With racial violence gripping Charlottesville, Virginia, last month, the nation’s moral conscience was transfixed.
The full scale of hatred on display from white supremacists and neo-Nazis was enough to persuade communities across the country to reconsider the continuing public position of racially insensitive statues, which were at the center of the violence in Virginia.
But America’s race problem runs far deeper than Confederate statues erected to intimidate people of color during the Jim Crow era. And though removing the statues is a necessary step in helping to eradicate racism, it is not enough on its own.
The United States has a long history of inequality, and our history of misunderstanding racism is equally long. We have allowed for a culture that continues to see racism as more of a character flaw than a systemic problem that needs to be eradicated.
If we want to progress past the ugliness of racism, we must take it into our own hands and hold one another accountable for racist and prejudiced mindsets. This includes not only removing Confederate memorials from the public sphere, but also updating the way in which we both teach and portray history in schools, in the media and in our everyday lives.
The end of de jure segregation with the civil rights movement of the 1950s and ‘60s left many individuals believing that the problem had been solved and that any remaining racism would fade. Yet white supremacist and neo-Nazi groups, such as the Ku Klux Klan, are alive and well due to our inability to confront the problem head on.
The United States currently has 10 military bases, 109 schools and 718 monuments which are dedicated to or named after Confederate icons. But in light of recent racially-driven events, many cities are calling to have these monuments removed.
Some, including President Donald Trump, argue that removing “beautiful” Confederate monuments is akin to erasing history. But these monuments are not historically important in the way these individuals might believe.
Most Confederate statues were not erected in the years following the Civil War, but years later during the Jim Crow era. The people who erected these monuments were motivated by a desire to maintain oppression and racial domination over black people living in the South.
Choosing to build monuments celebrating individuals who supported inequality and systems of oppression creates space for people to see those mentalities as acceptable — a space that shouldn’t exist in modern America.
But more problematic than monuments that were erected to intimidate people of color are historic views which erase their experiences.
The Eurocentric point of view that permeates our history textbooks also plays a major role in perpetuating distorted perspectives of slavery and the black experience. It’s likely these portrayals come from a place of guilt, rather than hate, but that doesn’t make the perpetuation of false narratives any less deadly.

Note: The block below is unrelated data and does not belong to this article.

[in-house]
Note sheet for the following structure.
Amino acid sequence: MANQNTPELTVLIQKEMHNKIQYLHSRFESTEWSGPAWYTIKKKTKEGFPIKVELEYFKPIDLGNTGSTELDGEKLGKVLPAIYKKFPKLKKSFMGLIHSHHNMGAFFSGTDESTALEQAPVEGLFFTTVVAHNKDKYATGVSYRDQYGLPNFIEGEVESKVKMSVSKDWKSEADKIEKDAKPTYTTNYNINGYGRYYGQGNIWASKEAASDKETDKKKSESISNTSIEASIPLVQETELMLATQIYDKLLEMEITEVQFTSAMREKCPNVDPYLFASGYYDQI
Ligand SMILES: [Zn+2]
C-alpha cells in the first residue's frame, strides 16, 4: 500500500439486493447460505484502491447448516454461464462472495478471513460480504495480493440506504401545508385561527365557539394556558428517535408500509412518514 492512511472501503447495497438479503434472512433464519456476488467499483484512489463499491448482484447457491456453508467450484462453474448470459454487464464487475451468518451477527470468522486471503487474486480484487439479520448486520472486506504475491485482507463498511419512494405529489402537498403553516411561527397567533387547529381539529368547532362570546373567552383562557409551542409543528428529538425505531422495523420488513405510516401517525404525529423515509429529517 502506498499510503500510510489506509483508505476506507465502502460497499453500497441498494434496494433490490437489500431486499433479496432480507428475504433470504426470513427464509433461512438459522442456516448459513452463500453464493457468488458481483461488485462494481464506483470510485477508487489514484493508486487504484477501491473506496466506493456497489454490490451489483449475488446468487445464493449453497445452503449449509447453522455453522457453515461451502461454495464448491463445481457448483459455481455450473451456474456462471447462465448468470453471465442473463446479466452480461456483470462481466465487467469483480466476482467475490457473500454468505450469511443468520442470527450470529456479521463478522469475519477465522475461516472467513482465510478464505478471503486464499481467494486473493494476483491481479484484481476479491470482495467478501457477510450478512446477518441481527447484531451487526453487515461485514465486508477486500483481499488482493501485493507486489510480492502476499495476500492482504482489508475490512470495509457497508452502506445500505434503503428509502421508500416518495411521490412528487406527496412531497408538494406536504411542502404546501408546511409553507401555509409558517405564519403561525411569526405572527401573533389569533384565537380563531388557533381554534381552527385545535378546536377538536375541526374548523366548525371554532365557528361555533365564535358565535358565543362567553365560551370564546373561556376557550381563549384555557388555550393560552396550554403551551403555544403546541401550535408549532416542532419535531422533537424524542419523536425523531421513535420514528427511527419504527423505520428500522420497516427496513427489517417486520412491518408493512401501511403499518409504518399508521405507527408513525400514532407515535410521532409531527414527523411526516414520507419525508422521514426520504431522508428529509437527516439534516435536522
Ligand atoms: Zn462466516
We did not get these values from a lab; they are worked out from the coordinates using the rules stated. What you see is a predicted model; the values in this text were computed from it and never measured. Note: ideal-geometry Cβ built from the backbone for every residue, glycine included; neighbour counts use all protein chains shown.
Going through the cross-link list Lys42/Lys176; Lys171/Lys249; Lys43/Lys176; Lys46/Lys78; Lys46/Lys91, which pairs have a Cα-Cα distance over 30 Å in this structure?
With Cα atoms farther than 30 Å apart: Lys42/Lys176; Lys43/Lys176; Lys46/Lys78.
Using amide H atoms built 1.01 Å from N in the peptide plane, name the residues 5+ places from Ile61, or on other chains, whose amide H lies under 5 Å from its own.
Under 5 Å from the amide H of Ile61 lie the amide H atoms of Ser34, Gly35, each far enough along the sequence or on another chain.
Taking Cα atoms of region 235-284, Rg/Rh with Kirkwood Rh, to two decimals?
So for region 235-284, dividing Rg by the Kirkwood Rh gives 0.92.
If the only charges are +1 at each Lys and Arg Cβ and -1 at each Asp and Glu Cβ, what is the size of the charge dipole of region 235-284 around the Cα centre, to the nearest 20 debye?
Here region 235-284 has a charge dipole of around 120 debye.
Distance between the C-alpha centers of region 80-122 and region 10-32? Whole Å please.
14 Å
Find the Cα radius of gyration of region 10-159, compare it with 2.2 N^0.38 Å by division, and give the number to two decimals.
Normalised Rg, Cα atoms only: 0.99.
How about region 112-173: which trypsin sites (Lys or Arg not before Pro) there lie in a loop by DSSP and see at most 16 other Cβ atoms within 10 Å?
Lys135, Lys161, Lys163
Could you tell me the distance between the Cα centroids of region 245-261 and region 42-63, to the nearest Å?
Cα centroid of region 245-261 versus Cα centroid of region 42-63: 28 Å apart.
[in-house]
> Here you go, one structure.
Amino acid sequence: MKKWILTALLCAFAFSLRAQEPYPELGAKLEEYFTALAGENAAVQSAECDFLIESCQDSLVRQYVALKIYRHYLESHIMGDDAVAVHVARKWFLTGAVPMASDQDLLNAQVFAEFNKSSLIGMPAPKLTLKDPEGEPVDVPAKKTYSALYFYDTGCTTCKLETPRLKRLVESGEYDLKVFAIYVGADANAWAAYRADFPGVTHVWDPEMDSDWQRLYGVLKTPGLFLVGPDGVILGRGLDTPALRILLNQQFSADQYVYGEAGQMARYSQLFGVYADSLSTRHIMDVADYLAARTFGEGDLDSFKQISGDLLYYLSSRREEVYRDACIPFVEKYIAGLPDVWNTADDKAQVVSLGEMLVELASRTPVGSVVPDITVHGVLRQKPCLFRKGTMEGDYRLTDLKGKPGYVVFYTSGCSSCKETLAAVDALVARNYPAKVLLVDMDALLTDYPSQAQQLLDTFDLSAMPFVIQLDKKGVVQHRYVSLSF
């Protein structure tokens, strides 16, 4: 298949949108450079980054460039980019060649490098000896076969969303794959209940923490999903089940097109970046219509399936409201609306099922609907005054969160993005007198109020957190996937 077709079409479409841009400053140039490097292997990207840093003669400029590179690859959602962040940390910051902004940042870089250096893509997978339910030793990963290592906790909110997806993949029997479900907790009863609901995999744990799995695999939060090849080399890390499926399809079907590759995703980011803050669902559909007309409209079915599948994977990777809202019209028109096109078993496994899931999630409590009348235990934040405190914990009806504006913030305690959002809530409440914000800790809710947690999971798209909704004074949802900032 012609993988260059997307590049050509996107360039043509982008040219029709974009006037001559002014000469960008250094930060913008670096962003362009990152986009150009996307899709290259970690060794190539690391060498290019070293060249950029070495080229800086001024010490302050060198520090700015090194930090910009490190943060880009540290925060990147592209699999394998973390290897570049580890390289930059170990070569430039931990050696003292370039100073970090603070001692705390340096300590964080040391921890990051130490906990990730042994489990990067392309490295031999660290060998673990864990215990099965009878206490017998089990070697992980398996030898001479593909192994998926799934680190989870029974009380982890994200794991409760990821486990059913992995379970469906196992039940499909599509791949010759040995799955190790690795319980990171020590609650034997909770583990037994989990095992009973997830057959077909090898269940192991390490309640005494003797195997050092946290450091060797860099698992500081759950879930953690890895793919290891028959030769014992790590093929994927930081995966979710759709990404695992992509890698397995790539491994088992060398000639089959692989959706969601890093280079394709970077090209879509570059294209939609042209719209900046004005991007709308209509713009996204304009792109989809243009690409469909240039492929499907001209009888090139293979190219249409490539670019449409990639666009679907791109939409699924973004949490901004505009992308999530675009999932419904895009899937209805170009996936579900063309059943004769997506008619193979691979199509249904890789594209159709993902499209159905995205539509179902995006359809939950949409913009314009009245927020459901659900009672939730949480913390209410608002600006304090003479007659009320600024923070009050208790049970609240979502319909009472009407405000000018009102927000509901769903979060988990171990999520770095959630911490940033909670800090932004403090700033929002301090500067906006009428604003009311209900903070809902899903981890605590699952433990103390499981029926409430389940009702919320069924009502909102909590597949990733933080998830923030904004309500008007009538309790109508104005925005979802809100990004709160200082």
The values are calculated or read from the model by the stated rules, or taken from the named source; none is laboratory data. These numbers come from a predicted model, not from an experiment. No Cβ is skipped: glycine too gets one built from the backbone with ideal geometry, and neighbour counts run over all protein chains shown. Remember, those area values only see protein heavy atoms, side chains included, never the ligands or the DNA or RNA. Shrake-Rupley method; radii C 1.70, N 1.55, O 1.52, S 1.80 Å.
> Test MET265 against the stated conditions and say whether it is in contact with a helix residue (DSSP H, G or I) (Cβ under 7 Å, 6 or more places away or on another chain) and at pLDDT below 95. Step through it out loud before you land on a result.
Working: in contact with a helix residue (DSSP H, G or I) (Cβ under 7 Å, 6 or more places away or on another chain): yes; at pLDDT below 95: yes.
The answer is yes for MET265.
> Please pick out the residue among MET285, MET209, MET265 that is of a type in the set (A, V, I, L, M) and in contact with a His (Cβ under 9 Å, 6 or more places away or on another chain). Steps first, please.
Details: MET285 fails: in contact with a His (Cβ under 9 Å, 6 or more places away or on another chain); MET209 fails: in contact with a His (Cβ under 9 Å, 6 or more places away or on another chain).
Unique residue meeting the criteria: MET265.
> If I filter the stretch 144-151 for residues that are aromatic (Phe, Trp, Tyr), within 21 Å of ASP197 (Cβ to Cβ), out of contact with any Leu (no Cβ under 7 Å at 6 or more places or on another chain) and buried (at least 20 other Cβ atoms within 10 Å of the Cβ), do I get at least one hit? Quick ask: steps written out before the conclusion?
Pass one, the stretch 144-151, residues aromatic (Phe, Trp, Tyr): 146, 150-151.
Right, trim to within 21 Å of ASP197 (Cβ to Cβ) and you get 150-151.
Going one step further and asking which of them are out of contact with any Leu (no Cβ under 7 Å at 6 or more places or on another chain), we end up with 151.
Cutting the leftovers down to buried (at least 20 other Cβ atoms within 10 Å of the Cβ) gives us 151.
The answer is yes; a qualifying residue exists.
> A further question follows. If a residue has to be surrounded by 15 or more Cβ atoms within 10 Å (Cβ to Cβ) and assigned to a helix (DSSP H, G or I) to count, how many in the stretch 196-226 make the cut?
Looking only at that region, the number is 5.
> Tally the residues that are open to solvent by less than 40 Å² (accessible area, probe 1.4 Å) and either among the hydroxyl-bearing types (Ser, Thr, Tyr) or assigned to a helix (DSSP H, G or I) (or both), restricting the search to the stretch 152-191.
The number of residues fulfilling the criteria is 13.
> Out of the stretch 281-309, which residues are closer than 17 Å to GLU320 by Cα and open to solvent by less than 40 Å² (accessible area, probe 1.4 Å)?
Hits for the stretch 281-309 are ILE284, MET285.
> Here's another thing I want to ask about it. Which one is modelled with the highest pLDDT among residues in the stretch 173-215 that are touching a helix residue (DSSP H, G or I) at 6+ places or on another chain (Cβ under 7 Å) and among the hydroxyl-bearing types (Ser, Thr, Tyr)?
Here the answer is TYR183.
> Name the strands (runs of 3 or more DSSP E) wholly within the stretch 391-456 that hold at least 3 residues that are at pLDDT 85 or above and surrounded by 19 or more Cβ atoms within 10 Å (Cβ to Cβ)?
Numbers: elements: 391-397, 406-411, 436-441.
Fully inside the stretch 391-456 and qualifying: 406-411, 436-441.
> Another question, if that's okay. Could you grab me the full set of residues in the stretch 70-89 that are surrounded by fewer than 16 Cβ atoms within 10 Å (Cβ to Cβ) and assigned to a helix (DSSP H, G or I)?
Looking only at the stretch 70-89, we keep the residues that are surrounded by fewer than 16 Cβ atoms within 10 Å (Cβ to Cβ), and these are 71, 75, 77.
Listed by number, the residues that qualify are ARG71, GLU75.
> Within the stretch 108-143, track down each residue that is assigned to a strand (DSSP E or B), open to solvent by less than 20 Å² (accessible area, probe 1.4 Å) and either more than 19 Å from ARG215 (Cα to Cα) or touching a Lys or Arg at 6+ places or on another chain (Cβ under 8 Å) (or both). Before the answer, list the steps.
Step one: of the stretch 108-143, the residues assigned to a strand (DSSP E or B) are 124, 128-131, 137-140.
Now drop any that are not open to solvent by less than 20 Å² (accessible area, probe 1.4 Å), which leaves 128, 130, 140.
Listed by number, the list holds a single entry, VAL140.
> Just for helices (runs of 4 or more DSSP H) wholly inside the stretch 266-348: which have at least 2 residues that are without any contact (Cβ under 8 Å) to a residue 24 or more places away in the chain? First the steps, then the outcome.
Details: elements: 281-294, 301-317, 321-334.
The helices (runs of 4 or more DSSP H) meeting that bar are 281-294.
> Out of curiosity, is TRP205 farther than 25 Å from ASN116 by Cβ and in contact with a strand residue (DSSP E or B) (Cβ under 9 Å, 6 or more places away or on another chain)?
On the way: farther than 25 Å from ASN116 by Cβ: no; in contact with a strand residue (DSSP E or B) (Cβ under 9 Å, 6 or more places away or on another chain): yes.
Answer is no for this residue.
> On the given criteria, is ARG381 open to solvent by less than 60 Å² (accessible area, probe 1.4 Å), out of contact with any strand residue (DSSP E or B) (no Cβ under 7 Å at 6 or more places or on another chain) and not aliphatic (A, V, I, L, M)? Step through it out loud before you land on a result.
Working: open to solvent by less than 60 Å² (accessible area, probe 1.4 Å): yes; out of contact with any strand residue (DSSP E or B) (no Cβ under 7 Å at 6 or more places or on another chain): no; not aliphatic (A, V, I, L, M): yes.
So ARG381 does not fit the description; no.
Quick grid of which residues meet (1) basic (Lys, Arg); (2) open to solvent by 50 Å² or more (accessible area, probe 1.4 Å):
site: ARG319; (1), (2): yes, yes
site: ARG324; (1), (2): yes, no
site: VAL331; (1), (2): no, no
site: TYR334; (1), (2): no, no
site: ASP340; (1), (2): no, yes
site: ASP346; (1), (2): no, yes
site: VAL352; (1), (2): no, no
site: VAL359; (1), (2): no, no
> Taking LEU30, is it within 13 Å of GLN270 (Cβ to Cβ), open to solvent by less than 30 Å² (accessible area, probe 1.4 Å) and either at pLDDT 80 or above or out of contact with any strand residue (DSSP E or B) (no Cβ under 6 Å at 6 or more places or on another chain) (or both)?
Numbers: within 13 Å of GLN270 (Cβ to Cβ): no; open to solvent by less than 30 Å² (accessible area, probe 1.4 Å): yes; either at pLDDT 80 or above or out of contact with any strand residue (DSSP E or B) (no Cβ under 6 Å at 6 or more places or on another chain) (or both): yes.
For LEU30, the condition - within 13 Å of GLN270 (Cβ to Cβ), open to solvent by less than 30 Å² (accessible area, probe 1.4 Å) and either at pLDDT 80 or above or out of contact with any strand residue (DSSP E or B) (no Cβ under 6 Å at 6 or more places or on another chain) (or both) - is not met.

Unlike other countries, including France, Japan and the United Kingdom, the United States does not have a “standard” history curriculum. Our parents’ generation was taught a very narrow perspective of the Civil War. Books placed an emphasis on states’ rights rather than the immorality of slavery, and almost entirely ignored the African-American perspective. One New York textbook from 1957 referred to the KKK’s mission of racial terrorism as “patriotic.”
Our own generation’s Civil War education also varies from state to state. Though generally improved since the ‘50s, the narrative taught in schools today still often lacks much of the African-American perspective that would help individuals to fully grasp the reality of chattel slavery. Just two years ago, black students in Texas accused publisher McGraw Hill of “erasing slavery” when referring to the Africans brought to America as “workers” instead of slaves.
But the education system is not alone in whitewashing black history. Different forms of media, from films to novels and even to “nonfiction” books, have altered the way in which Americans perceive the history of racism in the United States. Think of “Gone With the Wind,” which, despite being dramatically entertaining, paints the Civil War as an issue of states’ rights and romanticizes slavery.
Of course, the media and education systems of the whole country aren’t going to change overnight. That’s where we come in. Ignoring racism is a privilege ― if someone can simply ignore the effects of discrimination, it’s likely that it doesn’t affect them personally. And ignorance of privilege provides a climate desirable for racism to breed in.
If everyone is raised with a factual historical background, in an environment of accountability, racist behaviors won’t have the same opportunity to culminate as they currently do.
There is no comfortable way to confront someone about racist comments, but sometimes simply saying “You shouldn’t say things like that,” or perhaps providing them an example of why they’re mistaken, will encourage them to think before they speak. Clearly, there is a difference in feeling uncomfortable and actually putting yourself in a dangerous position. But individuals who have to deal with racism everyday don’t just get to stop doing so because it makes them uncomfortable, and neither should you.
Unfortunately, there is no way to control a single person’s mentality, but making the collective decision to confront racist mentalities will deter those ideologies from spreading — and might help more than simply removing a statue.